And why not?
Where else can you find a source of income that puts you in total control?
Unlike a 9-to-5 job, freelancing lets you work when you want, where you want. No rush hour traffic, no office hours to conform with.
As a freelancer, you live by a simple rule: The more projects you have, the better, especially if freelancing is your only source of income. While there’s nothing wrong with this motto, it can also give rise to a number of problems. The busier you get, the harder it is to keep track of your contracts. Keep reading to see some great contract examples you can use for your freelancing business.
While it is tempting to skip the formalities and just jump right in, there’s a reason why freelance contracts are essential.
It may seem harmless and unnecessary at times but not signing a freelance contract can become a decision you will soon regret. It can lead to serious consequences that you may not be able to undo.
The first and perhaps the most important reason to sign a freelance contract is for protection. Working without a freelance contract opens you up to potential problems like non-payment, liability, and in some cases, possible legal issues.
It’s important to put everything in writing so you and your clients will have something to get back to should disagreements arise.
Take the case of a freelance blogger, for instance. Before you begin writing, it would be great to put into writing how revisions will be dealt with.
These should all be clearly specified in the freelance contract to avoid any misunderstanding between both parties. This will make working together easier and smoother as the project progresses.
That being said, what important elements should a freelance contract contain?
This is pretty self-explanatory since we see these in almost every contract we sign. What this section does is introduce the parties involved and provide a short overview of the said agreement.
Below is an example:
[YOUR NAME] <> [CLIENT’S NAME]
[YOUR NAME] (Also known as “contractor”) will provide [CLIENT’s NAME] (also known as “client”) with (Describe the work or deliverable) as to the specifications detailed in the Terms and Conditions provided.
Contract in effect beginning: [DATE]
As you can see, you and the client will be designated as the contractor and the client for easy identification. For the work description, you don’t have to write it down in detail. A short overview written in one sentence should be enough.
You’ll have a chance to spell out all the details later in the Terms and Conditions section. The goal of this section is to simply establish who you’re working with and the kind of work that should be expected.
This is probably the most important section of the contract because this is where you’ll find all the gory details. This is where all the expectations are clearly laid out to avoid confusion.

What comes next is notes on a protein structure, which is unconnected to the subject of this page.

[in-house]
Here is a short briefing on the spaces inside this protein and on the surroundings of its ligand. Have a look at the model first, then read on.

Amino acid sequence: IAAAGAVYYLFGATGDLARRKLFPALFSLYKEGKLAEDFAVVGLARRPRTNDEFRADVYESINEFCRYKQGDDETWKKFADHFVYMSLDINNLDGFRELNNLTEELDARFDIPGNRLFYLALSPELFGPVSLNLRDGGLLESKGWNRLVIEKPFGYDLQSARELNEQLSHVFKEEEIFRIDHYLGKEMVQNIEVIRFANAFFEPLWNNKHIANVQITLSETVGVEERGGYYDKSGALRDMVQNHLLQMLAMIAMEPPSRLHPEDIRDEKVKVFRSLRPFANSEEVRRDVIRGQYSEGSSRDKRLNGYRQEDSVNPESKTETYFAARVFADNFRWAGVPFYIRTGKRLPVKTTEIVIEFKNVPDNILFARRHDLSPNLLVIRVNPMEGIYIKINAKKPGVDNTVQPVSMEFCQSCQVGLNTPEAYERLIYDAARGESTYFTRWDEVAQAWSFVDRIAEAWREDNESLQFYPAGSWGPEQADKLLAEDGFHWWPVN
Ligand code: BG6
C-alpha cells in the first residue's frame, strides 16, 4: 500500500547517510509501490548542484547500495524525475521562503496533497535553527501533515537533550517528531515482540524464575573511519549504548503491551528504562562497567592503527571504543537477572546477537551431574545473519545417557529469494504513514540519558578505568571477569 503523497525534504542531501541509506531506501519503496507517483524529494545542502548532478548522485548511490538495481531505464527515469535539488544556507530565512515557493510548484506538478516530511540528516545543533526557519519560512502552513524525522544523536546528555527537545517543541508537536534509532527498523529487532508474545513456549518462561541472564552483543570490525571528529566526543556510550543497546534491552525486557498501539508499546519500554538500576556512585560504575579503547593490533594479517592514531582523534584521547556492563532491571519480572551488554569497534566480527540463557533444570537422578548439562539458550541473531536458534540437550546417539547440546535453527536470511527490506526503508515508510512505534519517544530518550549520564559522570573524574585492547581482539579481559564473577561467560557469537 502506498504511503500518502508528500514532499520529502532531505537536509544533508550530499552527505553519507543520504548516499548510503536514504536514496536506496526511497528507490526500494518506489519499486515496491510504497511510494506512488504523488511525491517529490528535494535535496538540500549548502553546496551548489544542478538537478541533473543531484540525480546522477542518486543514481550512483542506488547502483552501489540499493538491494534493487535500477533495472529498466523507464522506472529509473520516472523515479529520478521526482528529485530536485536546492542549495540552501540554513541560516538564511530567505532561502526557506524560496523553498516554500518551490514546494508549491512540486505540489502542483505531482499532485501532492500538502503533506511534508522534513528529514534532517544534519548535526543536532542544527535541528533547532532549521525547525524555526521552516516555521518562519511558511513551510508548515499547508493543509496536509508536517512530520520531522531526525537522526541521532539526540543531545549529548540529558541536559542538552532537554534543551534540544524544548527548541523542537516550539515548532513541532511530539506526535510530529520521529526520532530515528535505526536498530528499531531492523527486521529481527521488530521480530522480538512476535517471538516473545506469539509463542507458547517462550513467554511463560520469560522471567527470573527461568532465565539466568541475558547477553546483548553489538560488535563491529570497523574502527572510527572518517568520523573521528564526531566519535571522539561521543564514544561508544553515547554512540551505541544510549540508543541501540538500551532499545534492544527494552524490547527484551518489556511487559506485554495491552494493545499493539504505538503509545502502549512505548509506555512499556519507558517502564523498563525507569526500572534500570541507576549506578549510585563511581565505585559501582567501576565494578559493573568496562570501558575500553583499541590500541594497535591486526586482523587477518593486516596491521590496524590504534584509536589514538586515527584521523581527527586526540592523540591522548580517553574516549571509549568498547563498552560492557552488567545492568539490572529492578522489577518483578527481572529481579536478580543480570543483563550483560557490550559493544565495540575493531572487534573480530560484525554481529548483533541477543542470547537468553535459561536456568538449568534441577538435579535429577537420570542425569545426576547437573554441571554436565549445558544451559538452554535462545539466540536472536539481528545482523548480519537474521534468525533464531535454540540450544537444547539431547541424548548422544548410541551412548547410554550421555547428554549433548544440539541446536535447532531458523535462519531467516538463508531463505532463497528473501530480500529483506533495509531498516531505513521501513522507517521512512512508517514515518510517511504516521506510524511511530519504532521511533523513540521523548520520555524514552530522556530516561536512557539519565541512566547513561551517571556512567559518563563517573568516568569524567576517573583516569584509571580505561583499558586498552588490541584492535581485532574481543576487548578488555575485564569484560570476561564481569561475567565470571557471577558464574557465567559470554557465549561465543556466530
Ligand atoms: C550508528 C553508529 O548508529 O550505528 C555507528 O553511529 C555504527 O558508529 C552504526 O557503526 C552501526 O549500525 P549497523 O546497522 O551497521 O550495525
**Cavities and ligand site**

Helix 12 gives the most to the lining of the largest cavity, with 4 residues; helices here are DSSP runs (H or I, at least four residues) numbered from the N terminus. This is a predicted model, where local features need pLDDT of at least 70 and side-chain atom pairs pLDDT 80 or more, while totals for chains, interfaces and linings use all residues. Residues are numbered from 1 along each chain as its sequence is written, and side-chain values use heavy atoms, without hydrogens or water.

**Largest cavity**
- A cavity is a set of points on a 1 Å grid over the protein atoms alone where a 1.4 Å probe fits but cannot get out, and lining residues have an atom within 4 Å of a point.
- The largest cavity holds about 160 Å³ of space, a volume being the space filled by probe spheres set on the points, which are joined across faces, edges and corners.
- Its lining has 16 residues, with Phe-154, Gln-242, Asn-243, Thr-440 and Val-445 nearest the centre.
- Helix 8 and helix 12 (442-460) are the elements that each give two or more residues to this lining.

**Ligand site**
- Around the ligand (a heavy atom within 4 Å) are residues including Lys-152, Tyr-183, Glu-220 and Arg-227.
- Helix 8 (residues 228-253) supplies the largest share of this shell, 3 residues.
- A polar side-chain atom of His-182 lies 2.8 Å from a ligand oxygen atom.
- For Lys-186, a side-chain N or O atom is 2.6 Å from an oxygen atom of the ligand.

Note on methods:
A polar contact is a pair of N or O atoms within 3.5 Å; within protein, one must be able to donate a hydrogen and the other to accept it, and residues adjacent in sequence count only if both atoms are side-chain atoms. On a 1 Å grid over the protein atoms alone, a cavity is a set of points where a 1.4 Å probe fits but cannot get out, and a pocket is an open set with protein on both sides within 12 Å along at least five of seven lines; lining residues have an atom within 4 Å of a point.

Here’s a brief example of what you should see in the freelance contract of a graphic designer:
Terms and Conditions
The following rates and terms apply:
Client will pay $_________ per week to contractor via PayPal no later than Tuesday of every week for work delivered the previous week.
Contractor is then expected to provide the following per the due dates agreed upon:
It is worth noting that the content of this section does not need to be very detailed. As long as both parties fully understand and there are no grounds for confusion, the information should be more than enough.
This is, of course, on a case-to-case basis. Different projects have different requirements so just make sure that the most important details are not left out. If there’s a certain file format expected upon submission, make sure to include that as well as any other requirement you see fit.
The scope of the project is another important section you need to pay attention to. This is because more often than not, this is the part where disputes stem from.
Without a clear scope, it’s easy for clients to ask for additional tasks or revisions apart from what you originally agreed upon. This can lead to tons of extra work you won’t even be paid for doing.
Defining a scope allows you to set a limitation or an endpoint to your freelance contract.
The point is you get paid for work that you and the client both agreed upon. If they require you to work on additional tasks, they’ll need to prepare a separate contract for those extra tasks.
They simply can’t expect those added tasks to be part of the initial contract.
The bottom line is you work WITH your client and not FOR your client. They can’t expect you to perform and deliver for free. That would just be unfair, wouldn’t it?
Speaking of additional tasks, changes and revisions is another important aspect of the contract you need to be very specific with.
Let’s be honest, no matter how good a writer, video editor, or social media marketer you are, revisions will always be inevitable. This is because you are trying to capture the vision of another person.
Sometimes, clients require a little fine-tuning from your end so you can interpret their ideas and expectations correctly.
These additional changes aren’t unusual but it will be in your best interest to specify how they will be dealt with should the time come.
Here’s an example from a blogger’s freelance contract:
Changes and Revisions
The price specified in this contract is based on the time I’ll be needing to complete a 1,500-word article as agreed upon. I also understand that revisions are part of any writing project so should you require anything as such, I’ll be happy to provide a separate estimate.